But, if we have to pick a Patient Zero, Andrew Wakefield will do. Wakefield is the British gastroenterologist who produced the notorious article, published in The Lancet in 1998, linking the M.M.R. vaccine to autism. The study, which featured just twelve subjects, was debunked, the article was pulled, and Wakefield lost his license to practice medicine — as well as his reputation, in scientific circles anyway. But, owing to his persistence in the years since, his discredited allegations have spread like mold. In the anti-vaxxer pantheon, he is martyr and saint. There are also the movement’s celebrities, such as Jenny McCarthy and Robert F. Kennedy, Jr., stubborn in the face of ridicule, and the lesser-known but perhaps no less pernicious YouTube evangelists, such as Toni Bark, a purveyor of homeopathic products, and the Long Island pediatrician Lawrence Palevsky. If your general practitioner is Dr. Google, you can find a universe of phony expertise. The movement seems to sniff out susceptibility. Not surprisingly, there is money there, though the financial incentives behind this strand of advocacy are less clear than, say, what has led the Koch brothers to champion fossil fuels. This spring, the Washington Post reported that the New York hedge-fund manager Bernard Selz and his wife, Lisa, have given more than three million dollars to anti-vaccination causes and helped finance “Vaxxed,” Wakefield’s 2016 documentary, which purports to reveal a C.D.C. conspiracy to cover up the connection between vaccines and autism. Needless to say, the anti-vaccination ethos is by no means exclusive to the New York tristate-area Orthodox community. It thrives in certain pockets — affluent boho-yoga moms, evangelical Christians, Area 51 insurgents. The vaccination rates are about the same in Monsey and in Malibu. Before New Square, the three most recent big outbreaks of measles occurred among Somali immigrants, in Minnesota; Amish farmers, in Ohio; and a hodgepodge of visitors to Disneyland.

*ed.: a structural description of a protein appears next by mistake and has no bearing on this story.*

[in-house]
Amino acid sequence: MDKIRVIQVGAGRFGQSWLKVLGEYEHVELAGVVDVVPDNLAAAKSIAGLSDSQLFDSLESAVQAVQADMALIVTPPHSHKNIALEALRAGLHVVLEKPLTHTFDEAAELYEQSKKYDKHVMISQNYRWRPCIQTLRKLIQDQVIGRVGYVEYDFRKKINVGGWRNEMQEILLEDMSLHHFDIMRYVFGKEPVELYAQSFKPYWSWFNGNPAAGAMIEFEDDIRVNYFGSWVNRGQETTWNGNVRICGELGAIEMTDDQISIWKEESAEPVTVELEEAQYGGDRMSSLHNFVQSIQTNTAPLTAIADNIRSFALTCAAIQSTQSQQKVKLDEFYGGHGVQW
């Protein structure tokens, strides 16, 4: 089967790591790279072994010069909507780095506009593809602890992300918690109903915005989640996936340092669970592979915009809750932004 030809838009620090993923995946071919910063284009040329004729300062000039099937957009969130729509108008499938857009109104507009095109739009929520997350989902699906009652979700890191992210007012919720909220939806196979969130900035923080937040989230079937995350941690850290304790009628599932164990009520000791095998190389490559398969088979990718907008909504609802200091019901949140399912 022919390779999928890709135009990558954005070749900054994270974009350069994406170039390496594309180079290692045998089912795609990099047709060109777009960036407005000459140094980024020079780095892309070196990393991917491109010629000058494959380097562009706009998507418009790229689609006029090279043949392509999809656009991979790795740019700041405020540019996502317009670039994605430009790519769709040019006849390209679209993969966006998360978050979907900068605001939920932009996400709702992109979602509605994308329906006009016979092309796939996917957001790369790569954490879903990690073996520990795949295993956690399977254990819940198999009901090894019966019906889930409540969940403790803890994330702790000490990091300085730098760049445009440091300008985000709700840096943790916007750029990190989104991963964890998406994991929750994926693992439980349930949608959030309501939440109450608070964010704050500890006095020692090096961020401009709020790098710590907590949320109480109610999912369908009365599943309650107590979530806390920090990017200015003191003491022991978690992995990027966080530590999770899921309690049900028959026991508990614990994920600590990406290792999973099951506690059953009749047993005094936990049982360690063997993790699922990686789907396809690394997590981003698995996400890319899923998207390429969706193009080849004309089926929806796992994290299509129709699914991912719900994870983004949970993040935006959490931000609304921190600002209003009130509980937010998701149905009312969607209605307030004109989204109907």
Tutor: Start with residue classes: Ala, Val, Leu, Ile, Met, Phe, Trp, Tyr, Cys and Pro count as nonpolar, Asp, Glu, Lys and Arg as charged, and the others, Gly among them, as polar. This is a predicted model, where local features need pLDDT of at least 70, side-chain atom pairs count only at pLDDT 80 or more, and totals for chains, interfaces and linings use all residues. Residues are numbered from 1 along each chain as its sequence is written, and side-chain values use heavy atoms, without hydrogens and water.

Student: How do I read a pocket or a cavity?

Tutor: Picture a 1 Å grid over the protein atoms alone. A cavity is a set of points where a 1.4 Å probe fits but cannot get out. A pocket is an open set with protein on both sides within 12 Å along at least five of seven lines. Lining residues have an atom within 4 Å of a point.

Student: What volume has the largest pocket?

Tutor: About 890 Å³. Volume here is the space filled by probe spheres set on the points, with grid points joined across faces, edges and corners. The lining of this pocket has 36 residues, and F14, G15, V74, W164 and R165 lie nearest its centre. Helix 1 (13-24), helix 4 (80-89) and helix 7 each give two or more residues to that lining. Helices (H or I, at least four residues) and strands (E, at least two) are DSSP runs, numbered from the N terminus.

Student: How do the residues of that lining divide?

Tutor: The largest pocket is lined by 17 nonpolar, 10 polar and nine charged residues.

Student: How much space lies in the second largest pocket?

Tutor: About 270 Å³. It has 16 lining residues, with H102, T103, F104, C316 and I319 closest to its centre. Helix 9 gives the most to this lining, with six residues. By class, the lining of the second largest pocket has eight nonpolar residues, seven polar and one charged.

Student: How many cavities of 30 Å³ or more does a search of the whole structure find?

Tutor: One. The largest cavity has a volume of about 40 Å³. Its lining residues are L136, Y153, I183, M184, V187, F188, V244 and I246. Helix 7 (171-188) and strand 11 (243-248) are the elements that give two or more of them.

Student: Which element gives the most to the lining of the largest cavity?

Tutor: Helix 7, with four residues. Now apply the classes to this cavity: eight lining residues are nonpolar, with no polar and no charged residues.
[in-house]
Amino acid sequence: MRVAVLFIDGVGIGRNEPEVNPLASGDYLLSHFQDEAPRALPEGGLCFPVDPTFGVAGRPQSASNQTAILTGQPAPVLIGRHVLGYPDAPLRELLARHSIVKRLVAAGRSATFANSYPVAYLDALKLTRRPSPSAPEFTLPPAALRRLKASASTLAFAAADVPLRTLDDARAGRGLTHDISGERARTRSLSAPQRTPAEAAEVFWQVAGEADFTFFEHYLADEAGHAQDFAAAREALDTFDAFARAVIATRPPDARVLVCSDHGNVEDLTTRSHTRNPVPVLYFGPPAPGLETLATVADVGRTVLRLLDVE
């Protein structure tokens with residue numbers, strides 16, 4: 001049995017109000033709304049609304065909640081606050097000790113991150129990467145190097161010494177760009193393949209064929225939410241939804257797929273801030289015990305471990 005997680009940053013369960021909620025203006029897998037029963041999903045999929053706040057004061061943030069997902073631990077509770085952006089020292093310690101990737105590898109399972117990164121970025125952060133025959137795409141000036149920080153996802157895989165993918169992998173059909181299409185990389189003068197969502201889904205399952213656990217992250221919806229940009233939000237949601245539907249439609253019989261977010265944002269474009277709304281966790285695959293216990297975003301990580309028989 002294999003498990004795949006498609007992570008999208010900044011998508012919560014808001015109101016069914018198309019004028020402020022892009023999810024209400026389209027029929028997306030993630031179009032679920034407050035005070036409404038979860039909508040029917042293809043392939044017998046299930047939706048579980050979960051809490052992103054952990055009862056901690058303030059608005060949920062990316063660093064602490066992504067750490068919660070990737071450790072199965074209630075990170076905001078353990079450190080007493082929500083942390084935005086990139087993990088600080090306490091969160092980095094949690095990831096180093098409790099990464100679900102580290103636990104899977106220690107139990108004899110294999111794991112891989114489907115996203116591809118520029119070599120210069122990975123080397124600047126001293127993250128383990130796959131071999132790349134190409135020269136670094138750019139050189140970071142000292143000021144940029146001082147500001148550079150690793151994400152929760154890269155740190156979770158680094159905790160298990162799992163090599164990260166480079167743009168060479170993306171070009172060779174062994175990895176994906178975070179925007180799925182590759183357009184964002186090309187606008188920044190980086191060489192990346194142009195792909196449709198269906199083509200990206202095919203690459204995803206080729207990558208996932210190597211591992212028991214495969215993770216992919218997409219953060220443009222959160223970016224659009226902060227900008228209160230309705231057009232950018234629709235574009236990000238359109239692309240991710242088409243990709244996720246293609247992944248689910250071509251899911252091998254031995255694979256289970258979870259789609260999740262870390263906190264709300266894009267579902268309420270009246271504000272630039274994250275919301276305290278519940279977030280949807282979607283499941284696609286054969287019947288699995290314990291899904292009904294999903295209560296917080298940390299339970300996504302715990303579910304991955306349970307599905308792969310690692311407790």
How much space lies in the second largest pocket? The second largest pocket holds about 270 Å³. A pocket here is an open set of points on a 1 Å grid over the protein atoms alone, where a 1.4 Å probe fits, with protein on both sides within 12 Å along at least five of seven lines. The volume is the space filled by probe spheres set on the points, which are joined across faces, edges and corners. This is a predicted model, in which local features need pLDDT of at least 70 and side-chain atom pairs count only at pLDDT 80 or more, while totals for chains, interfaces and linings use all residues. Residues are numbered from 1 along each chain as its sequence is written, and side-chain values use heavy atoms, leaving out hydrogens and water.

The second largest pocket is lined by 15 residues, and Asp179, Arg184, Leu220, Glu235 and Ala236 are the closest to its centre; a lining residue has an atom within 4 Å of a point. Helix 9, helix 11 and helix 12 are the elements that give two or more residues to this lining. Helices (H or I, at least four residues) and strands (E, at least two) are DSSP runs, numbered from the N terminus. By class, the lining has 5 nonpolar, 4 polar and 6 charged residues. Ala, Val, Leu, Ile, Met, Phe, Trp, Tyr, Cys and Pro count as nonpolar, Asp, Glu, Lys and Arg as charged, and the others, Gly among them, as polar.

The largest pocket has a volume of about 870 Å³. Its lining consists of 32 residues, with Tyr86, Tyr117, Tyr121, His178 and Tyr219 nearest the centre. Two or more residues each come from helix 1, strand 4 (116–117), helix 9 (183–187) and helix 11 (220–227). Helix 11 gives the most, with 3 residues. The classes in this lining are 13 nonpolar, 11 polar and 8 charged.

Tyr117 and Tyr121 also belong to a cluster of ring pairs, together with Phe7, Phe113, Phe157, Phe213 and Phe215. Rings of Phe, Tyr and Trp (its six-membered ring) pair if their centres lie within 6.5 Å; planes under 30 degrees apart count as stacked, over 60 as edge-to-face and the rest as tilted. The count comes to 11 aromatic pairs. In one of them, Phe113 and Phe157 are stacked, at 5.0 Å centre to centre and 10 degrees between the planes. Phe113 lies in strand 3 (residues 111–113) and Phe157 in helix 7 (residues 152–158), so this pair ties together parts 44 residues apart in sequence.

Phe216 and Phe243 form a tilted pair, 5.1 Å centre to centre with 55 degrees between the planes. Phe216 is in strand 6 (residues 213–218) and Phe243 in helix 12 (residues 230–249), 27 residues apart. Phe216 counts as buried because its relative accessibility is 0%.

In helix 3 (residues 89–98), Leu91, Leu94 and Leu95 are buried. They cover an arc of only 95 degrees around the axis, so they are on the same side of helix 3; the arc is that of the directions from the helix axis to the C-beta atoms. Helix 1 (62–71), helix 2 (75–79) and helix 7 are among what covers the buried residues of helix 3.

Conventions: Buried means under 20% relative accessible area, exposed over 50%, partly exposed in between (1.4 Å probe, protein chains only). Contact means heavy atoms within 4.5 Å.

“It’s shocking how strong the anti-vax movement is,” Zucker said. “What surprises me is the really educated people who are passionately against vaccinations. I see this as part of a larger war against science-based reality. We need to study vaccine hesitancy as a disease.” He gave a TEDX talk recently about the crippling disconnect between the speed at which information, good or bad, spreads now and the slow, grinding pace of public-health work. He managed, by way of the general theory of relativity, to establish the equivalence of H1N1, Chewbacca Mask Lady, and Pizzagate: “How do we immunize and protect ourselves from the damaging effects of virality?”